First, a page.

What is this situation asking me to understand more fully? What are we being asked to learn more about? What parts of the puzzle are we missing? What have we not been paying attention to?
Inquiry questions ask us to investigate our assumptions, to open to possibilities beyond what we have imagined, and sometimes to venture into unknown territory. They often require further research, a greater investment in time and energy, and quite often a deeper look inside of ourselves.
The deeper we dive into complex situations, whether in our personal lives, in our families, or in business, politics, or anything that involves human relations, we ultimately come face-to-face with…
Existential questions are the big questions of life. Who are we? What do we stand for? What is right? What is most important? What is mine or ours to do and what is not? What is the best use of what I or we have to offer?
These questions are at the heart of perhaps every significant challenge and opportunity we face today, whether personal, social, political, economic, or environmental. Too often, we approach these issues with how-to or inquiry questions when, in fact, at their core, they are existential in nature. Fundamentally, they are about who we are at the heart of our being and how we choose to be in relationship with one another and with the Earth.
What if instead of how-to or inquiry questions, we ask: What is this situation really about—down deep at its essence? What is it asking for from us? How is it asking us to show up? What is most important for the well-being of all? These are not quick-answer questions—they are reflective or pondering questions.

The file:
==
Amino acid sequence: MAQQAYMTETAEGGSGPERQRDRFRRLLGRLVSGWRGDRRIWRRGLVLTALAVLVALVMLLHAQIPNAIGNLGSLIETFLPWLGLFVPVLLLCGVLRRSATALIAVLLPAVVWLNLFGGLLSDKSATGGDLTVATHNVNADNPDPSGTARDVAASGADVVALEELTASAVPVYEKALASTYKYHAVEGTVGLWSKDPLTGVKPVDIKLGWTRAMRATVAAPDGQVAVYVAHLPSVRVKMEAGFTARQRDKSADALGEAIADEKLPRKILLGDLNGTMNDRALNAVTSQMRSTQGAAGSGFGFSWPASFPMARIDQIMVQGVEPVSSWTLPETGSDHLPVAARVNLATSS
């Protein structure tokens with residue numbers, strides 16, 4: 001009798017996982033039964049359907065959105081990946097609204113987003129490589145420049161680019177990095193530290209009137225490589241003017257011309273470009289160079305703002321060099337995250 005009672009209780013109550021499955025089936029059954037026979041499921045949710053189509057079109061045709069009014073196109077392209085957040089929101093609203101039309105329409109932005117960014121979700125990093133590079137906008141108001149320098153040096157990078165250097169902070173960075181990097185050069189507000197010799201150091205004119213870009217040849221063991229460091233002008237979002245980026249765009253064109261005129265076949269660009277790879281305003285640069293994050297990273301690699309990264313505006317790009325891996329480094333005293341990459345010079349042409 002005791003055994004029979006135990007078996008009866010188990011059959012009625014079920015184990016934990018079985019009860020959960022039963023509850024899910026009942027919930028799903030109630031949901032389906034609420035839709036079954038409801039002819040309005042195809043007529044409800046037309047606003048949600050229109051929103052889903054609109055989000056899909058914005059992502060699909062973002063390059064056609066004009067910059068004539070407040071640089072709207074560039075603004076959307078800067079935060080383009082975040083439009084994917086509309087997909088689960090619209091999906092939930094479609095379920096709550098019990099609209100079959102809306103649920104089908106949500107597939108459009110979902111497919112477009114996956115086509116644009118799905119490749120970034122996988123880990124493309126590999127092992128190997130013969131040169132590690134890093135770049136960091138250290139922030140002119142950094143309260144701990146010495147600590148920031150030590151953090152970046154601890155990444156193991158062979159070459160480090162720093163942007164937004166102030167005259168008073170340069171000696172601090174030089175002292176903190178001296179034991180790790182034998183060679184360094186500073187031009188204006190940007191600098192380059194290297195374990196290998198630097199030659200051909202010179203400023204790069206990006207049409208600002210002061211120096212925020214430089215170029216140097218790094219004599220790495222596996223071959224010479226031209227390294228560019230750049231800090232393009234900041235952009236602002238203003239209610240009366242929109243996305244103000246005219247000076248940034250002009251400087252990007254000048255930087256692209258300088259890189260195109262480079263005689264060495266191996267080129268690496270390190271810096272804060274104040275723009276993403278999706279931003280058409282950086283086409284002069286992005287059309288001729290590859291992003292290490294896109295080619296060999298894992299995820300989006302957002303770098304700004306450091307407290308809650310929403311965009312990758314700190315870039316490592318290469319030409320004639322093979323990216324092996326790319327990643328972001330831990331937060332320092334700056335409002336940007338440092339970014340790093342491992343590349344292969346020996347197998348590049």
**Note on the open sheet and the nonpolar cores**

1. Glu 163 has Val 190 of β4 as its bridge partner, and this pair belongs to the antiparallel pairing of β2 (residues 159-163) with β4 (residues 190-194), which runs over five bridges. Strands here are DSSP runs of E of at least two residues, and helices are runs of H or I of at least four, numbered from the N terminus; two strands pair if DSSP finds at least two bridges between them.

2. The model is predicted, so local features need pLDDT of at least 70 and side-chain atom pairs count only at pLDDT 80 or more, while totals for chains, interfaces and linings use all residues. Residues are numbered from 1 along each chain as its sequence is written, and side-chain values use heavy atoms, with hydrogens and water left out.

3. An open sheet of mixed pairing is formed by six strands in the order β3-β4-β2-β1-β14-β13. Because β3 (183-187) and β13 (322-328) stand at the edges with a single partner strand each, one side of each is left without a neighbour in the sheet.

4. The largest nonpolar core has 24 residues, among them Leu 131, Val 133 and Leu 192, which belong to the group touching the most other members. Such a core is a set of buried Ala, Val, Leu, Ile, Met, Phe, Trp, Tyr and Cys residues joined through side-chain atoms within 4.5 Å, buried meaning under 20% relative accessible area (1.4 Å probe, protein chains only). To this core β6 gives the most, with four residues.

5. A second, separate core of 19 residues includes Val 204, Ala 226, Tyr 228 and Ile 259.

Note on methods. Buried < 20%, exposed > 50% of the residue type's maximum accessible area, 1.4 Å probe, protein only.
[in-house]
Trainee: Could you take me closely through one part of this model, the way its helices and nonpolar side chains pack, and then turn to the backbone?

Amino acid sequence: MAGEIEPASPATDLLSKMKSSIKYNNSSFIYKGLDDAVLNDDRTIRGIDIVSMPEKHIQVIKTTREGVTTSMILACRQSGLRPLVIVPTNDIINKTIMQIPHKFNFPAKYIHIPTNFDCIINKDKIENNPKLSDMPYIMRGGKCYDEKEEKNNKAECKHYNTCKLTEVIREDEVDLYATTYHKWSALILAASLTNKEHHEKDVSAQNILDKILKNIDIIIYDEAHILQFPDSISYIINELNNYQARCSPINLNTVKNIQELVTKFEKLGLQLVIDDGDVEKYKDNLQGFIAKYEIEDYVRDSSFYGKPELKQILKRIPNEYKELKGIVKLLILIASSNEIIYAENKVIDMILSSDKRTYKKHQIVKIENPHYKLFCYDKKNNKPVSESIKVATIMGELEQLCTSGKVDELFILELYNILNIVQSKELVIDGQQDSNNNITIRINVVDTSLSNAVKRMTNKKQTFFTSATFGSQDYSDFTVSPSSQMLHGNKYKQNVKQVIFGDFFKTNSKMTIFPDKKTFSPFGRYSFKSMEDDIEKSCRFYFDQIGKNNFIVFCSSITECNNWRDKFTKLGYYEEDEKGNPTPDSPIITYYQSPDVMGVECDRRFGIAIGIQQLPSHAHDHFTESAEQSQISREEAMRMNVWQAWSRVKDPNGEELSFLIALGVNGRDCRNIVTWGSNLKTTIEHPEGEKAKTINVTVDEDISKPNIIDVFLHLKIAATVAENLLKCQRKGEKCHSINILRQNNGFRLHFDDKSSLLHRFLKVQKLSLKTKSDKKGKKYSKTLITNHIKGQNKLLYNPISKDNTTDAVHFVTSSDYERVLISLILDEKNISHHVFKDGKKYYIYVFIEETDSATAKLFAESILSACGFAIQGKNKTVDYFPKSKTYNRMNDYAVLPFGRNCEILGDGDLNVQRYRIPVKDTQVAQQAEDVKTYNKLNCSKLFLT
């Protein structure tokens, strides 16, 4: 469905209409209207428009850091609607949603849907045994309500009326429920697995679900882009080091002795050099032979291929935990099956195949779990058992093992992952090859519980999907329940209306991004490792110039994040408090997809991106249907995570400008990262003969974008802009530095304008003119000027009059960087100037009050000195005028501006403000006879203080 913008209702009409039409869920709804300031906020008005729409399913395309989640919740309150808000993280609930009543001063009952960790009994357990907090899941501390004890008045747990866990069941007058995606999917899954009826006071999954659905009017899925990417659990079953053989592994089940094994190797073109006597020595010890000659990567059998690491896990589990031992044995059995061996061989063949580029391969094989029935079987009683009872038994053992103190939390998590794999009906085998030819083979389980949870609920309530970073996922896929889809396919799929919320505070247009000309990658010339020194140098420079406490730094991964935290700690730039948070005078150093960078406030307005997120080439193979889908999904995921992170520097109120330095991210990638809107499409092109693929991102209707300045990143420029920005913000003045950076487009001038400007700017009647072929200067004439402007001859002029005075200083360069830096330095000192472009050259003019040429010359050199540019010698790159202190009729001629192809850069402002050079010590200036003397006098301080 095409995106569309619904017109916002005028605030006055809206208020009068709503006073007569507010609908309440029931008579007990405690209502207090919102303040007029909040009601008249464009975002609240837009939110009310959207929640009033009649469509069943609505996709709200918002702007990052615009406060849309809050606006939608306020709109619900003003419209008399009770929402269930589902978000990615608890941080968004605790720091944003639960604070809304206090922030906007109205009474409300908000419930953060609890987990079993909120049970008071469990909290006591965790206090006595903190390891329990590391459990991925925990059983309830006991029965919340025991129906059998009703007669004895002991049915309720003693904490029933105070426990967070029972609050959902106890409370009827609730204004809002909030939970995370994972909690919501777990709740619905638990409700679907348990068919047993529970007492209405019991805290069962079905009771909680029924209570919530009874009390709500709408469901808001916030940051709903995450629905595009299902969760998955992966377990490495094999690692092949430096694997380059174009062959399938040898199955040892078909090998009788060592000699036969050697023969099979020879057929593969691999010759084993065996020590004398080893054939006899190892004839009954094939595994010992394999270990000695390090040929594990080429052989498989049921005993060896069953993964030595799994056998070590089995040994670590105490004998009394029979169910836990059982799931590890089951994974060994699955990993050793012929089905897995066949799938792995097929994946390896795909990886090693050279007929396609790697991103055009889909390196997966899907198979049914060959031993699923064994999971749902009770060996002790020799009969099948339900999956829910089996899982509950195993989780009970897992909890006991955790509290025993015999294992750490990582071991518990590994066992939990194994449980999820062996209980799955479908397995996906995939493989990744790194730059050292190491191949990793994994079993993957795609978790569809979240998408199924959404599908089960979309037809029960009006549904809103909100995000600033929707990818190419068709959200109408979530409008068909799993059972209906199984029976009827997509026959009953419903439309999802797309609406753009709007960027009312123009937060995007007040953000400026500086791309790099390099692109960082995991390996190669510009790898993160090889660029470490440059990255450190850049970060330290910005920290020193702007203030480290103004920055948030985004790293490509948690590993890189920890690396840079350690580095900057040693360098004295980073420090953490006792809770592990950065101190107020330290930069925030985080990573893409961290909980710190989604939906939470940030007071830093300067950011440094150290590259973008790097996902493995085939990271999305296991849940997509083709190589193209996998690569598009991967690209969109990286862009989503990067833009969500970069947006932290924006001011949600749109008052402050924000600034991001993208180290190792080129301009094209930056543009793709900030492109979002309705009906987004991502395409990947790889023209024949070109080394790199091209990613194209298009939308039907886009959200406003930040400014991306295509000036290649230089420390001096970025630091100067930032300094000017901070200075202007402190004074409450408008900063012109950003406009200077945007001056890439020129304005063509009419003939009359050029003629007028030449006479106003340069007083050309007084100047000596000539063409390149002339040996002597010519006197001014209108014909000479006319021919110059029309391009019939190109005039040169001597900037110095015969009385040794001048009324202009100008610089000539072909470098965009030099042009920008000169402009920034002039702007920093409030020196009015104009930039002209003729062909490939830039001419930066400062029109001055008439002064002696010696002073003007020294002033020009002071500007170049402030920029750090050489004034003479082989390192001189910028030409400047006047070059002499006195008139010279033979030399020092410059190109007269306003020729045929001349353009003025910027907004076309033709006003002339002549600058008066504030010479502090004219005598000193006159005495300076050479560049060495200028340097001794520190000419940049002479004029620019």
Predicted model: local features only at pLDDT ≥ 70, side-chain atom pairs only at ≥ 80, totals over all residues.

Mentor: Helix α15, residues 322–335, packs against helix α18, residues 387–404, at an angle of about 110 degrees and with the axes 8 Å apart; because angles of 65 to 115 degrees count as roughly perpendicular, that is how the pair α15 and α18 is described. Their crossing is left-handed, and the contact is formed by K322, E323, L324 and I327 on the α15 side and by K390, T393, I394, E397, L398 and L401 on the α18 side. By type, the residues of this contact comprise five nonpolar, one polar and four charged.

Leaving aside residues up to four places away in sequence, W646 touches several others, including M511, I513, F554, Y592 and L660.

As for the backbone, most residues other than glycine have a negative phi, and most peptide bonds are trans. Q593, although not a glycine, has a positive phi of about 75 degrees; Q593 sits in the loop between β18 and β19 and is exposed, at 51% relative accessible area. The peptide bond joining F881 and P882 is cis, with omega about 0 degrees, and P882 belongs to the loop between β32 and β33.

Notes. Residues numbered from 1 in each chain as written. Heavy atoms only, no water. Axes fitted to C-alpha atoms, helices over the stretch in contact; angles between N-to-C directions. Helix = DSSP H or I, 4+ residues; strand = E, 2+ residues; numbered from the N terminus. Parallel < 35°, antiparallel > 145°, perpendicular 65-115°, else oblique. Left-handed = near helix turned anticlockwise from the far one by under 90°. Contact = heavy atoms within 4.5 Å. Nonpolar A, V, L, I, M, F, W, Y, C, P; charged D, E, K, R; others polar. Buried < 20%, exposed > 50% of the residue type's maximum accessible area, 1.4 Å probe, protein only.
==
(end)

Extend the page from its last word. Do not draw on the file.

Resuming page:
As we begin to sense answers, we can then ask What is my or our next step? What is mine or ours to do, and what is not? Existential questions ask us to recognize who we are and how we’re showing up. And to be honest with ourselves in asking: Is how we are showing up helping for the good of all?
Working at the existential level ultimately means knowing who we are at our essence, why we’re here, what gifts we bring, and then bringing them to the situation at hand. It’s about recognizing where we can make the greatest difference and then getting busy doing it. Whether you are an individual or a group, get busy doing what is yours to do.
Questions That Don’t Have Answers Are Requests to Go Deeper
When questions don’t have answers, they are requests to go deeper. Requests to step beyond our assumptions or how we’ve always thought about things. Requests to plumb the depths of our individual and collective being. Requests to listen intuitively to the issues themselves. To let the issues work on us. To sense what they are asking us to explore, what they are asking us to consider differently, and who they are asking us to become in service of something bigger than ourselves.